Political Postmodernisms: Architecture in Chile and Poland, 1970-1990

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“Political Postmodernisms” argues that postmodern architecture can be radically rethought by examining its manifestations in Chile and Poland in the 1970s and 1980s. Postmodern architecture tends to be understood as politically indifferent and devoid of the progressive agenda embedded in modernist architecture – a view typically rooted in the analyses of North America and Western Europe. By investigating the cases of Chile during the neoliberal dictatorship of Augusto Pinochet and Poland during the late socialist Polish People’s Republic, my project unfolds a less acknowledged narrative—one in which postmodernism is profoundly entangled with the political. Drawing from interviews I conducted with a range of Chilean and Polish architects, as well as analyses of physical buildings, urban development plans, and architectural journals from Santiago and Warsaw, I show how these South American and Eastern European sites reveal an altogether different dynamic between capitalism, democracy, and architecture.

The dissertation is composed of an introduction, four chapters, and a conclusion. The Introduction discusses the current revivalism of postmodernism and its critique, tracing the roots of this criticism in foundational scholarship on postmodern architecture, and analyzing how postmodernism is defined in architectural scholarship. It also discusses why Chile and Poland are chosen as case studies. The first chapter, “Postmodernism and the State: Chile,” discusses propagandistic uses of postmodern architecture by Pinochet’s regime in Chile, using two case studies – the Plaza de la Constitución in Santiago de Chile (1980) and the Congreso de Chile in Valparaíso (1987). The second chapter, “Postmodernism Against the State: Chile,” examines the practices of architects who were members of CEDLA, an independent collective of Chilean architects established in 1977 in Santiago, who promoted a version of politically and socially engaged postmodernism that could counter Pinochet’s neoliberal agenda. Chapter Three, “Postmodernism and the State: Poland,” analyzes how the Polish Socialist Party first appropriated postmodernism as a Soviet invention and then used it as a means to appease social tensions in times of increasing unrest. It focuses specifically on state-sanctioned architectural discourse and the Na Skarpie housing estate in Kraków (1985). The final chapter, “Postmodernism Against the State: Poland,” discusses Polish architects organized under the Dom i Miasto group (1980–1984), which united postmodern inspirations with agendas that opposed the vision of society imposed by the Polish People’s Republic. It also discusses the work of Marek Budzyński, for whom postmodernism created a “third way” beyond socialism and capitalism.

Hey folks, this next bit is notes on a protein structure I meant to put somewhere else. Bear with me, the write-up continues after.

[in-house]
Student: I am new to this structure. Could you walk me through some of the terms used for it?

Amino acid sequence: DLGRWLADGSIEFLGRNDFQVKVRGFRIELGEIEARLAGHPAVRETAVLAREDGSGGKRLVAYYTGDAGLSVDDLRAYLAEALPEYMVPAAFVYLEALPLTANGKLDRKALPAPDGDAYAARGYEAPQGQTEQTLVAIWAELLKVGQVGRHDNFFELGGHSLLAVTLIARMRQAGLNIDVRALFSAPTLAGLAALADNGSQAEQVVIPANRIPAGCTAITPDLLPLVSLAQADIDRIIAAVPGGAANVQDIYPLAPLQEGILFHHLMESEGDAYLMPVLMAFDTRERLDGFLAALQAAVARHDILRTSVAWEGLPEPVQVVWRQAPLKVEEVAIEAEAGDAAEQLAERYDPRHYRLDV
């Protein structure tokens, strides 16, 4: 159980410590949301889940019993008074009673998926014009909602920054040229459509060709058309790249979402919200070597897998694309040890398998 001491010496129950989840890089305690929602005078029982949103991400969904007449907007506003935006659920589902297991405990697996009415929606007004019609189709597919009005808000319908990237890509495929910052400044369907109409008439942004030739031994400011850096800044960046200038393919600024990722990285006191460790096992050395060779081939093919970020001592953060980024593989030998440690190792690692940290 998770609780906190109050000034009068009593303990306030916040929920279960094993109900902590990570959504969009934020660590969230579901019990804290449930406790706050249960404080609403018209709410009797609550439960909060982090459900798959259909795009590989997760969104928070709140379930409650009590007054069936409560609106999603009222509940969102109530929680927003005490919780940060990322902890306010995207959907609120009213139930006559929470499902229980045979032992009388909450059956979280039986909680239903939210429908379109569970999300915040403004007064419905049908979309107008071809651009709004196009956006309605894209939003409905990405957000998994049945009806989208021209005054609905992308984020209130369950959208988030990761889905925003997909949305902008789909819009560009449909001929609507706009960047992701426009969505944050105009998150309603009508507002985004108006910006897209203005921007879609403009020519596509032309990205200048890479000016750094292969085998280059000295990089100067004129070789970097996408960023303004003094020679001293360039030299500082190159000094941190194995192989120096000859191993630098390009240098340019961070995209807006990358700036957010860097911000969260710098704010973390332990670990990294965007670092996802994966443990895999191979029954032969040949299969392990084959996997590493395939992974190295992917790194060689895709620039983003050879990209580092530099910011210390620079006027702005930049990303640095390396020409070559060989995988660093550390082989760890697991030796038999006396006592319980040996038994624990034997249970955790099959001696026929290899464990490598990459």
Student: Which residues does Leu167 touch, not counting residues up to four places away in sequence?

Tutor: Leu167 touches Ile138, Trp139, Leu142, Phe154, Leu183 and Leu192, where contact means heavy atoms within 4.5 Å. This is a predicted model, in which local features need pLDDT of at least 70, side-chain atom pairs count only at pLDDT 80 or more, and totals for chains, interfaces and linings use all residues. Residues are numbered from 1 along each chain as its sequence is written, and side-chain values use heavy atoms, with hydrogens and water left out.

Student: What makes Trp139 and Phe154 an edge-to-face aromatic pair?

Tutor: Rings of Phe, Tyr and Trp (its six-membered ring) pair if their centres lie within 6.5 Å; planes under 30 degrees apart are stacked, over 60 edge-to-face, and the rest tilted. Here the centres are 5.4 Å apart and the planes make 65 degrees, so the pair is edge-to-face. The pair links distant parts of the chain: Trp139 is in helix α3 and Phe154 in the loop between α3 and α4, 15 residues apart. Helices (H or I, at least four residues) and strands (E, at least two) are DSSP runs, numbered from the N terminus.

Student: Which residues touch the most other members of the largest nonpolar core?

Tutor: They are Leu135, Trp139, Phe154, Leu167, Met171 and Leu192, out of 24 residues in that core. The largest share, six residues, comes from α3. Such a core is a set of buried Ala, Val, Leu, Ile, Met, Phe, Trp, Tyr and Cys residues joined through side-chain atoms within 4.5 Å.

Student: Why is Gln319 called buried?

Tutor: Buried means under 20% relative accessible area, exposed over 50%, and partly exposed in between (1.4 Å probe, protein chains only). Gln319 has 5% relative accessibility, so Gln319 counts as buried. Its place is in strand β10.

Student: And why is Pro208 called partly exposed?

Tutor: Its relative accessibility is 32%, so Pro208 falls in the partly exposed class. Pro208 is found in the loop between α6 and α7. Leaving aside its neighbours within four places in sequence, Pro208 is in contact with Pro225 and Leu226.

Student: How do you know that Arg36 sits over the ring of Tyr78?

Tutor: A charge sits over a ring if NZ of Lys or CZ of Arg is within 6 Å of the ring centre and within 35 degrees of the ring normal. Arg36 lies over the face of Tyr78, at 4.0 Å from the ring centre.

Across these chapters, I argue that Chilean and Polish architecture between 1970 and 1990 complicate the generally accepted view of postmodern architecture as politically disengaged and as an exclusively neoliberal phenomenon, disinterested in any progressive social agenda. In both countries, postmodern currents were appropriated by the regimes for propagandistic purposes and used to oppose the agendas of the State.





Klein, Lidia (2018). Political Postmodernisms: Architecture in Chile and Poland, 1970-1990. Dissertation, Duke University. Retrieved from https://hdl.handle.net/10161/17505.


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